SWIFT codes of "Is Investment" bank, Turkey

What's SWIFT code

A SWIFT code, which stands for Society for Worldwide Interbank Financial Telecommunication code, is an international bank code that identifies particular banks worldwide. It's also known as a Bank Identifier Code (BIC). These codes are used when transferring money between banks, particularly for international wire transfers or SEPA payments, and also for the exchange of other messages between banks.

A SWIFT code can be 8 or 11 characters long

  1. The first 4 characters are the bank code (letters only).
  2. The next 2 characters are the country code (letters only).
  3. The next 2 characters are the location code (letters and digits).
    If the second character is "0", then it is typically a test BIC as opposed to a BIC used on the live network.
  4. The last 3 characters are optional and represent the branch code (letters and digits).
    This part is optional and helps specify a particular branch of the bank.

For example, in the SWIFT code CITIUS33XXX:


What is a SWIFT code?

A SWIFT code is a unique identification code assigned to every financial and non-financial institution. This code is used for transferring money securely between banks across the globe. It consists of 8 to 11 characters that signify the bank's name, country, location, and branch.

Why do I need a SWIFT Code for international transfers?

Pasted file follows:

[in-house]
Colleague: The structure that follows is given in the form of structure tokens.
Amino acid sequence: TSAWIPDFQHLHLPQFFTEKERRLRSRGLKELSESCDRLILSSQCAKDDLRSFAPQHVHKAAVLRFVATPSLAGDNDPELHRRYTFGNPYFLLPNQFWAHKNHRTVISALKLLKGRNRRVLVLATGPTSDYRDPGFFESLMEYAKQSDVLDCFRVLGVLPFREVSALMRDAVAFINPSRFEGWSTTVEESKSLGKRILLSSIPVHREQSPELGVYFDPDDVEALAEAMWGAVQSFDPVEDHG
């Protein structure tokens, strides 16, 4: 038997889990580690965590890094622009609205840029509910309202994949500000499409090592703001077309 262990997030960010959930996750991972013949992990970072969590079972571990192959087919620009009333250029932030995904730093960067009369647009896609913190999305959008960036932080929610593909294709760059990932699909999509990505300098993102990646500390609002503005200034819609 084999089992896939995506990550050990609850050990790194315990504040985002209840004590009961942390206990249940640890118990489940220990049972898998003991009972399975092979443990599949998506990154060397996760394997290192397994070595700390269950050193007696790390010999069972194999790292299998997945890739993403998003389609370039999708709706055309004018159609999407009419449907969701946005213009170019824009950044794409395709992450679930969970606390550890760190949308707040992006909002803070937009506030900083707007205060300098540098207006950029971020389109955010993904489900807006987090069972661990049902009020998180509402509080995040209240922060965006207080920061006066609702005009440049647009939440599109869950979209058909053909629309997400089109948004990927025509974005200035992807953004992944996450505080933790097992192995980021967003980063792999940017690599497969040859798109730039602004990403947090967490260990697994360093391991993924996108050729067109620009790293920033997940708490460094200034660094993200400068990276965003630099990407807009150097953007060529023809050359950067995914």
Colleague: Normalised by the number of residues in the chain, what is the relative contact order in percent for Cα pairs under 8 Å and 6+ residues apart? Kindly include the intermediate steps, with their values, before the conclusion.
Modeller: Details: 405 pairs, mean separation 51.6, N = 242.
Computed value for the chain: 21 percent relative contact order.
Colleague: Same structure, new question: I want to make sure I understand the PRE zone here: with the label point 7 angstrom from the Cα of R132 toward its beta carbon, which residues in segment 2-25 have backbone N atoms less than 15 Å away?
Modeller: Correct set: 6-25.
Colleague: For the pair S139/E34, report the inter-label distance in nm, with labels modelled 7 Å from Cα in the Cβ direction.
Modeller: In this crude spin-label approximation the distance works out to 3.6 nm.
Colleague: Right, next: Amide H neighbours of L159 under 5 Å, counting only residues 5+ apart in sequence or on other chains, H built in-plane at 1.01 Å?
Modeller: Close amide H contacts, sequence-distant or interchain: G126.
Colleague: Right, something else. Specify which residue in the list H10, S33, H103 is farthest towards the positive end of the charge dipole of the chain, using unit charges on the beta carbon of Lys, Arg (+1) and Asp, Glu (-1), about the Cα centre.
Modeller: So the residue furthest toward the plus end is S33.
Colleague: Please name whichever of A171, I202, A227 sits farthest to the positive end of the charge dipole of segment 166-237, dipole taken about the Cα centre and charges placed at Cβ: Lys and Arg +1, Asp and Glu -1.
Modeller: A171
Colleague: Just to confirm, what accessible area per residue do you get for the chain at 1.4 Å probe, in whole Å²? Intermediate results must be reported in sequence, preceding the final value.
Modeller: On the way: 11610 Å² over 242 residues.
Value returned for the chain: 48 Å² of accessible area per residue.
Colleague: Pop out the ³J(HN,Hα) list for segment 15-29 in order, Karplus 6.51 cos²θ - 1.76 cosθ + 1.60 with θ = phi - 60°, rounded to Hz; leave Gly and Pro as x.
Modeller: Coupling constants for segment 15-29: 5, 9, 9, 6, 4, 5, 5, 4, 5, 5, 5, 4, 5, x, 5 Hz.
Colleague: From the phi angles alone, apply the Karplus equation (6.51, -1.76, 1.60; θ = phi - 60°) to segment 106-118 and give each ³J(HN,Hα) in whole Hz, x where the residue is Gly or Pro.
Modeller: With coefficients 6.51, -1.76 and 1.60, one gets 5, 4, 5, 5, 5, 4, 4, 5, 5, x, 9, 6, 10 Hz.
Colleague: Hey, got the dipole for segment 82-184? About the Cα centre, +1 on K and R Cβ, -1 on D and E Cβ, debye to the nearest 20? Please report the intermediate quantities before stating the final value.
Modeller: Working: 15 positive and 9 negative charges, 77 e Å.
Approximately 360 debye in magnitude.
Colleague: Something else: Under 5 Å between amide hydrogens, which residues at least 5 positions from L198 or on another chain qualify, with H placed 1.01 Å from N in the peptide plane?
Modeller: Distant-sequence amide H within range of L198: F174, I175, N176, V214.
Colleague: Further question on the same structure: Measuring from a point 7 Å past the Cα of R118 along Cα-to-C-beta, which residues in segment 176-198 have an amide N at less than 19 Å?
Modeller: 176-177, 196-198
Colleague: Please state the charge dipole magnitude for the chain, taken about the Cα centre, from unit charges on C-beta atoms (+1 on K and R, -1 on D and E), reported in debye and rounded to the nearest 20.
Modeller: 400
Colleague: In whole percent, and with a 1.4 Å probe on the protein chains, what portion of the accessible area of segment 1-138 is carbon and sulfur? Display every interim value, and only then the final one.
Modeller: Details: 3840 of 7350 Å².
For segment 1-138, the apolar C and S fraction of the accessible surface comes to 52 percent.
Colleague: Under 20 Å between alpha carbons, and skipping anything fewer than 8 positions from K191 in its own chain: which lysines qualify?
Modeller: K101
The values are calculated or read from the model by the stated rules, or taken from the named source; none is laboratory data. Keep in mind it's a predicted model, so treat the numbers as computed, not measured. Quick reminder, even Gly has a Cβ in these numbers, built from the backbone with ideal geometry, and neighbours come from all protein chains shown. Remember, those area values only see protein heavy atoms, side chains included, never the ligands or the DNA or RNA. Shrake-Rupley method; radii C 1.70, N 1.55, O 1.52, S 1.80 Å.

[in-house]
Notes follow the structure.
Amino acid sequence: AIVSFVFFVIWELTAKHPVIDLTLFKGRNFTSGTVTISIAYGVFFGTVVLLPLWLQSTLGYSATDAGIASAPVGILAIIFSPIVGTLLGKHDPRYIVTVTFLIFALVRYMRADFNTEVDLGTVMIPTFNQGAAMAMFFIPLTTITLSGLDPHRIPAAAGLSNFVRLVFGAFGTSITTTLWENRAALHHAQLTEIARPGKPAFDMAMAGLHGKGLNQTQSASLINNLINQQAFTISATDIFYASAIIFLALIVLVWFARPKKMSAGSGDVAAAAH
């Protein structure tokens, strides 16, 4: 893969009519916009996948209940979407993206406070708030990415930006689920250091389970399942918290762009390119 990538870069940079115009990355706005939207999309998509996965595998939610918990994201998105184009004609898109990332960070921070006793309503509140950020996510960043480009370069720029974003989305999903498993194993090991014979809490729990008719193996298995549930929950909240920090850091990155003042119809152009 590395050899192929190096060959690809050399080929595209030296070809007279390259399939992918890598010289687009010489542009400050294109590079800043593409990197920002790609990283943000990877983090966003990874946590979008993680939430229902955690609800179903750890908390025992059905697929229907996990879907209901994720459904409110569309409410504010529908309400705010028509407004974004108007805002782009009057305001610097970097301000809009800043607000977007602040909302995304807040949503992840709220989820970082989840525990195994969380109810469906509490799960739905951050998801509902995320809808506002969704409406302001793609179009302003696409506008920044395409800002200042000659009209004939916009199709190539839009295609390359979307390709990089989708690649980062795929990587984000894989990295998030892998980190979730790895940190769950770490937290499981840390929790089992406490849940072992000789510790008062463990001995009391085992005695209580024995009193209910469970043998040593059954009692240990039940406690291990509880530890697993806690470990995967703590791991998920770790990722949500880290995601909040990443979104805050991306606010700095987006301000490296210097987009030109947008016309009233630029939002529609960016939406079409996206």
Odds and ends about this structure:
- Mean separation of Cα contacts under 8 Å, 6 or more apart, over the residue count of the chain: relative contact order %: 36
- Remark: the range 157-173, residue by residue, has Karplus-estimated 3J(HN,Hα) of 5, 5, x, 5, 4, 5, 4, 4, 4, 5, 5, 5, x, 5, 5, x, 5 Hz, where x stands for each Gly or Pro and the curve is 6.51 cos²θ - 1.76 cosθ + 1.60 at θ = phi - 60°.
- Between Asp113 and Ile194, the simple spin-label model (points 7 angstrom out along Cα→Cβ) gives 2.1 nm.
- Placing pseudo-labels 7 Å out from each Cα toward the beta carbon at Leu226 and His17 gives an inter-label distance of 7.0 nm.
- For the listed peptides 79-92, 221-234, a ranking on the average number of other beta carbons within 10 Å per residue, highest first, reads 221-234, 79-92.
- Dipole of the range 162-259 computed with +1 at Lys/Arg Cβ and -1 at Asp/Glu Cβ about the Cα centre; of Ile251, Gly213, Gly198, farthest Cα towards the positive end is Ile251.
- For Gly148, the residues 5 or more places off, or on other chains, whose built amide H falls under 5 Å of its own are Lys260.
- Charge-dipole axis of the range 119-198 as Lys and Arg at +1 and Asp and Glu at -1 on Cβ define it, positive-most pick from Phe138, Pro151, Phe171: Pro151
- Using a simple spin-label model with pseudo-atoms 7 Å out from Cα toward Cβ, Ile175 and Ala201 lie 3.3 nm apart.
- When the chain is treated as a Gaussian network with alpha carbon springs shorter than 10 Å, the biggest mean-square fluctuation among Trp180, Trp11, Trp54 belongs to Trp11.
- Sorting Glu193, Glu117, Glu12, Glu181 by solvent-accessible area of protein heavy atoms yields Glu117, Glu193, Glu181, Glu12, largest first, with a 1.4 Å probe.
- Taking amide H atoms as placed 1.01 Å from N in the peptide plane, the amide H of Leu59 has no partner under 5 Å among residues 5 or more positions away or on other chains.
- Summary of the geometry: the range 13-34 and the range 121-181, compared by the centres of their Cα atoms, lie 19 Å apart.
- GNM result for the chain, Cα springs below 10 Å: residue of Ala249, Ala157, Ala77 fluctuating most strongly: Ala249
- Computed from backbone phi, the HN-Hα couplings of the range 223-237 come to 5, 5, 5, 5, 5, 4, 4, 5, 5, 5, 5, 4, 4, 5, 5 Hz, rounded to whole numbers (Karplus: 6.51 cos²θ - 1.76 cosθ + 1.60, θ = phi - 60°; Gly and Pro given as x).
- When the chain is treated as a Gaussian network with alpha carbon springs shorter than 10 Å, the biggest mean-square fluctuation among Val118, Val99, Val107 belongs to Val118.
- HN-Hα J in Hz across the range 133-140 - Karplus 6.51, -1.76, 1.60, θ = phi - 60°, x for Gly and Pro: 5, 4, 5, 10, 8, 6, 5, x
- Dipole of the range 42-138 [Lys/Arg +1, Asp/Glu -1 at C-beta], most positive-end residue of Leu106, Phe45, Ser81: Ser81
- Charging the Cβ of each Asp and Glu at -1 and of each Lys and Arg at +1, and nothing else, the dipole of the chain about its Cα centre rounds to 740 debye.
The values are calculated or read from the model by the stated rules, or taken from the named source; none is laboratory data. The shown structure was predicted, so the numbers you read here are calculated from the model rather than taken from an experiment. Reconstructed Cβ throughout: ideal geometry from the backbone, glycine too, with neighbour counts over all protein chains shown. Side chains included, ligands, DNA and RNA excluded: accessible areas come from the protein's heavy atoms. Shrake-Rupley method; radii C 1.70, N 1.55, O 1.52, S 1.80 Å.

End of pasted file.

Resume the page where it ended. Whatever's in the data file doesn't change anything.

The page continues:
For international wire transfers, a SWIFT code is essential to ensure that your money reaches the correct bank and branch. Without this code, there may be delays or the possibility of the funds being sent to the wrong institution. It acts as a global identifier for each bank.

Is there a difference between a SWIFT Code and an IBAN?

Yes, there is a difference. While a SWIFT code identifies the bank and its branch, an International Bank Account Number (IBAN) is used to identify an individual account involved in the international transaction. Both are required for international money transfers.

Can a bank have more than one SWIFT Code?

Yes, a bank can have multiple SWIFT codes. Large banks with several branches in different countries or regions might have different SWIFT codes for each branch or service offered. It's important to use the correct SWIFT code corresponding to the specific branch where you have your account.